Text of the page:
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Lung Flute improves symptoms and health status in COPD

Supplier: Niche Medical By: Craig Abud
07 April, 2015

Lung Flute improves symptoms and health status in COPD with chronic bronchitis: A 26 week randomised controlled trial.

Authors: Sanjay Sethi, Jingjing Yin and Pamela K Anderson. Clinical and Translational Medicine 2014.

Background

Chronic obstructive pulmonary disease (COPD) is characterized by mucus hypersecretion that contributes to disease related morbidity and is associated with increased mortality.

The Lung Flute® is a new respiratory device that produces a low frequency acoustic wave with moderately vigorous exhalation to increase mucus clearance.

We hypothesised that the Lung Flute, used on a twice daily basis will provide clinical benefit to patients with COPD with chronic bronchitis.

Methods

We performed a 26 week randomised, non-intervention controlled, single center, open label trial in 69 patients with COPD and Chronic Bronchitis.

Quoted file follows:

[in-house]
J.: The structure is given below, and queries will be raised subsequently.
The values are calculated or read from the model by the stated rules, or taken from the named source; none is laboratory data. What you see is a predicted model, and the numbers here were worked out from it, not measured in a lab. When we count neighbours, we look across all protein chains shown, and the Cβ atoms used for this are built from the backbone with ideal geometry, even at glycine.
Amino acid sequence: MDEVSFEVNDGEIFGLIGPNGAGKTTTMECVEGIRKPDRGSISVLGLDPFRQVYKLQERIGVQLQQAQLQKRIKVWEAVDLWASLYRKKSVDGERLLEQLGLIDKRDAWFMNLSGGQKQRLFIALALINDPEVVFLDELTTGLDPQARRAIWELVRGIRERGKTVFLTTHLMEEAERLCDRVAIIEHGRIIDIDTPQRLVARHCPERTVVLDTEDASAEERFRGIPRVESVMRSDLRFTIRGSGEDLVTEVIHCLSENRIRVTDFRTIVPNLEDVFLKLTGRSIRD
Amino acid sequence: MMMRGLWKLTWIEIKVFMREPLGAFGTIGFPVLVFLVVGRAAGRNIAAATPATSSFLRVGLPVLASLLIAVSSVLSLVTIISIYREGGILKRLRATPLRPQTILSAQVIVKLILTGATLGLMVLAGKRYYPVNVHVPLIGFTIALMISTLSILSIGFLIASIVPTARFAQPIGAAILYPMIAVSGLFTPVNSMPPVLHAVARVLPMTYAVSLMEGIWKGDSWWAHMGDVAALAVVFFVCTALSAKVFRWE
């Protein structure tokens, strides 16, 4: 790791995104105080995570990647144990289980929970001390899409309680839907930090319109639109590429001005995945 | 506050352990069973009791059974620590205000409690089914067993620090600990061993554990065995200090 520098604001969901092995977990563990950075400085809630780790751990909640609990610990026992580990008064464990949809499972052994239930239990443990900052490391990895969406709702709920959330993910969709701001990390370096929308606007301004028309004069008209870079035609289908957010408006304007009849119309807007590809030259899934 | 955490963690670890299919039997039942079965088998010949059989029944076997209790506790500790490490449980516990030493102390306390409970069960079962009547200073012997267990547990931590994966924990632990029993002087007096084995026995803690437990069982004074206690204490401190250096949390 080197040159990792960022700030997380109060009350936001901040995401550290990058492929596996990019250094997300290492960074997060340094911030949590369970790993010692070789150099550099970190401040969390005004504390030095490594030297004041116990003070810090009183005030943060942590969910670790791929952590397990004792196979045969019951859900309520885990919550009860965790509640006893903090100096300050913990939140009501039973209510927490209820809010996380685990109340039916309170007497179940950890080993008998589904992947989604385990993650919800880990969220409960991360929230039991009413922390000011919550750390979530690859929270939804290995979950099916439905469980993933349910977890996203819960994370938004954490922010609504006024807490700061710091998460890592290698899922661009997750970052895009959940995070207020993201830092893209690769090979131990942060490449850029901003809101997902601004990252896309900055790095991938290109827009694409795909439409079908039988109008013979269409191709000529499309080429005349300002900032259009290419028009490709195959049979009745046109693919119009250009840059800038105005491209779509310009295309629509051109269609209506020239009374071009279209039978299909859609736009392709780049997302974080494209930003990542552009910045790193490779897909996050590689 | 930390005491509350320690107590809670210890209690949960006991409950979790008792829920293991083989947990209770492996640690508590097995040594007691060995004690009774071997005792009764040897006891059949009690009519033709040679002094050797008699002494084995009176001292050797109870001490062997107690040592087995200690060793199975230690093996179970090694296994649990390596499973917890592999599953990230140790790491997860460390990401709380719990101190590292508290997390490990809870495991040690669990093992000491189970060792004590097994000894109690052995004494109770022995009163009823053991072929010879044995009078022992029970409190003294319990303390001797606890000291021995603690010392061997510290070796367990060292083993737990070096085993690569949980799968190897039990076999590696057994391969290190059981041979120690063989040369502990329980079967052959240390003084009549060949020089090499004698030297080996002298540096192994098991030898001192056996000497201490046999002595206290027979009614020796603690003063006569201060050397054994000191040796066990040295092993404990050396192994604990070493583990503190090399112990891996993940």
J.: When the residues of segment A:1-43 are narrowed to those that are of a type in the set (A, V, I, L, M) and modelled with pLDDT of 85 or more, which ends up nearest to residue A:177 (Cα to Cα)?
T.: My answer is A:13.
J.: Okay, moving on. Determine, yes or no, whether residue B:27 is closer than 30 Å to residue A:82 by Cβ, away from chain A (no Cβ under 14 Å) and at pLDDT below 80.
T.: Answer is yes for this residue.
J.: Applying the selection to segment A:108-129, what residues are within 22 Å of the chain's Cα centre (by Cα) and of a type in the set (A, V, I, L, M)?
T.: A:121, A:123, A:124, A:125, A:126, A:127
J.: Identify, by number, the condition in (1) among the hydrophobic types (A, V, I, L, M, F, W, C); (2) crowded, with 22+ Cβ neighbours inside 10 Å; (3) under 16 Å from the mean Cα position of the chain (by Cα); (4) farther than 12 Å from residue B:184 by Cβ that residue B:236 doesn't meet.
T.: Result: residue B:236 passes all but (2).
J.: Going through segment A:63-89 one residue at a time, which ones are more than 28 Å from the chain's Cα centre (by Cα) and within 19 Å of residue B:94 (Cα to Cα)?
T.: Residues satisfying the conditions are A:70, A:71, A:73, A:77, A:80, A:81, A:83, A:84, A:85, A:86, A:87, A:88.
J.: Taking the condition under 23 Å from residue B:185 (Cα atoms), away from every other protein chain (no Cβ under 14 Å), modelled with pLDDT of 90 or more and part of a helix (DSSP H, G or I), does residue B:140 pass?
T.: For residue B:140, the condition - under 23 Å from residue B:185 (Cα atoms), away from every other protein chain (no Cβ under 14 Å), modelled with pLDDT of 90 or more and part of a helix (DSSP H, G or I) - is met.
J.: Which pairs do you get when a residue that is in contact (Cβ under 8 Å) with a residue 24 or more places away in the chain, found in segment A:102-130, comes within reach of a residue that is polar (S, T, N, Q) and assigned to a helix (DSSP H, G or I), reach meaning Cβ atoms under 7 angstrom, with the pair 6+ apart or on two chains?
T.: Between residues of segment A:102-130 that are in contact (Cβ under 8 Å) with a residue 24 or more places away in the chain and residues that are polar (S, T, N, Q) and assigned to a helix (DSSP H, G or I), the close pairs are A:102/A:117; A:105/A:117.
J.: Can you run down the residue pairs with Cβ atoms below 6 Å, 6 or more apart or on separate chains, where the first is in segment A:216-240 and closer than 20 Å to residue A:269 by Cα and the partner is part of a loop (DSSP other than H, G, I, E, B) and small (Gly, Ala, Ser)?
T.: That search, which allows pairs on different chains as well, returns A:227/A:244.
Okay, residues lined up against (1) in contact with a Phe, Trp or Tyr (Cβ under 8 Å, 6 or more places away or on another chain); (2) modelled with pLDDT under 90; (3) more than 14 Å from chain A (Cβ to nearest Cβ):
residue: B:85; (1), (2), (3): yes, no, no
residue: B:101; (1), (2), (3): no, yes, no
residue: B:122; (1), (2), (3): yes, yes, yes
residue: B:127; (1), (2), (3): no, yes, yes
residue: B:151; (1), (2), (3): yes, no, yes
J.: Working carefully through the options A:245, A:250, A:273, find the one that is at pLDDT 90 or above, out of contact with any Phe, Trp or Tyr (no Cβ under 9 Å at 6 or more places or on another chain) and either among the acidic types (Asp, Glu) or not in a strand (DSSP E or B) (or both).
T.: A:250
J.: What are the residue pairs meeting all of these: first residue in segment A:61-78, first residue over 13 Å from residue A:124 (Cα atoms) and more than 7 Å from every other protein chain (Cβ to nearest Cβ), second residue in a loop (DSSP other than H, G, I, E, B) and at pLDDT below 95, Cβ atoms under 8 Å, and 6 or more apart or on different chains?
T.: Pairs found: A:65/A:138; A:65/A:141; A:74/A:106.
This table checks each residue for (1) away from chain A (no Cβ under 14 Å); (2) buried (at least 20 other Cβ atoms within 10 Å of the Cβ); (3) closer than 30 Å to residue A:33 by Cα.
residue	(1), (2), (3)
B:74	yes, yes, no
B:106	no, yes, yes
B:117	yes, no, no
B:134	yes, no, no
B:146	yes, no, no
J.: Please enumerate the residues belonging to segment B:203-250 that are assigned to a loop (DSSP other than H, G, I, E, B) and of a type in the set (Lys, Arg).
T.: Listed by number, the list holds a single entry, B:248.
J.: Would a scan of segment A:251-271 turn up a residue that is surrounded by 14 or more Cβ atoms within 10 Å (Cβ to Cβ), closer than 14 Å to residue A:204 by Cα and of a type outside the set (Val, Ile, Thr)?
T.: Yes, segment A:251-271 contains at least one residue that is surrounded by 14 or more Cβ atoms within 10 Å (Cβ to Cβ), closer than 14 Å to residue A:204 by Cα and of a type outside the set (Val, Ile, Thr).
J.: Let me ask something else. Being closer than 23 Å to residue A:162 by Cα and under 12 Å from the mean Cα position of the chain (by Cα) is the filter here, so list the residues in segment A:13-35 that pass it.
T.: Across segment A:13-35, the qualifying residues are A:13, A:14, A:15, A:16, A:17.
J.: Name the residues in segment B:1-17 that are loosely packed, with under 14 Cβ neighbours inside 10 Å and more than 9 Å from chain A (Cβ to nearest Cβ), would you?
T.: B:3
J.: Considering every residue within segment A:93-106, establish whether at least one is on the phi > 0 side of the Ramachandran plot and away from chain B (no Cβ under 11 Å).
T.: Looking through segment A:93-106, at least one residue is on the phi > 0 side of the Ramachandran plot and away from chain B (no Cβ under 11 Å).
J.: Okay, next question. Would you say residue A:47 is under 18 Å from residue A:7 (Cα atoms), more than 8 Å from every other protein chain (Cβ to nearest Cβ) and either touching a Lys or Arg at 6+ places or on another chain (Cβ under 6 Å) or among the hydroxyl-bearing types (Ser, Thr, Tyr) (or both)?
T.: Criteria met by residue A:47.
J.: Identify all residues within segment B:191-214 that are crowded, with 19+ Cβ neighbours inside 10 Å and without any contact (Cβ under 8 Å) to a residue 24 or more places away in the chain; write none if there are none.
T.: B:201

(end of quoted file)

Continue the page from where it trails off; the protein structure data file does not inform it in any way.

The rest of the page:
The primary endpoint was change in respiratory symptoms measured with the Chronic COPD Questionnaire (CCQ). Secondary endpoints included health status, assessed by the St. George Respiratory questionnaire (SGRQ), BODE (Body-Mass Index, Airflow Obstruction, Dyspnea, and Exercise Capacity) index score and exacerbation frequency.

Results

While the control patients did not demonstrate any significant changes in the primary endpoint (CCQ change at 26 weeks of +0.01, p = 0.08), a trend (p = 0.08) to decrease (improvement) in the CCQ (-0.23 at 26 weeks) was seen with the Lung Flute.

Furthermore, a significant improvement in the symptom domain of the CCQ was seen only with the lung flute (-0.42, p = 0.004). Health status (SGRQ) improvement, was also only seen with the Lung Flute (-3.23, p = 0.03).

The BODE score increased in the control group (3.31 at baseline, 4.14 at 26 weeks), however it remained stable in the Lung Flute arm (3.16 at baseline and 26 weeks), with the changes from baseline being significantly different between the 2 arms (p = 0.01). There was a trend for less exacerbations in the Lung Flute group (p = 0.07).

Adverse effects were minor, with only 1 patient discontinuing treatment because of lack of efficacy. Serious adverse effects seen were all determined to be unrelated to the device use.

Conclusions

The Lung Flute is a safe and effective treatment in COPD with chronic bronchitis, providing a wide array of benefits.

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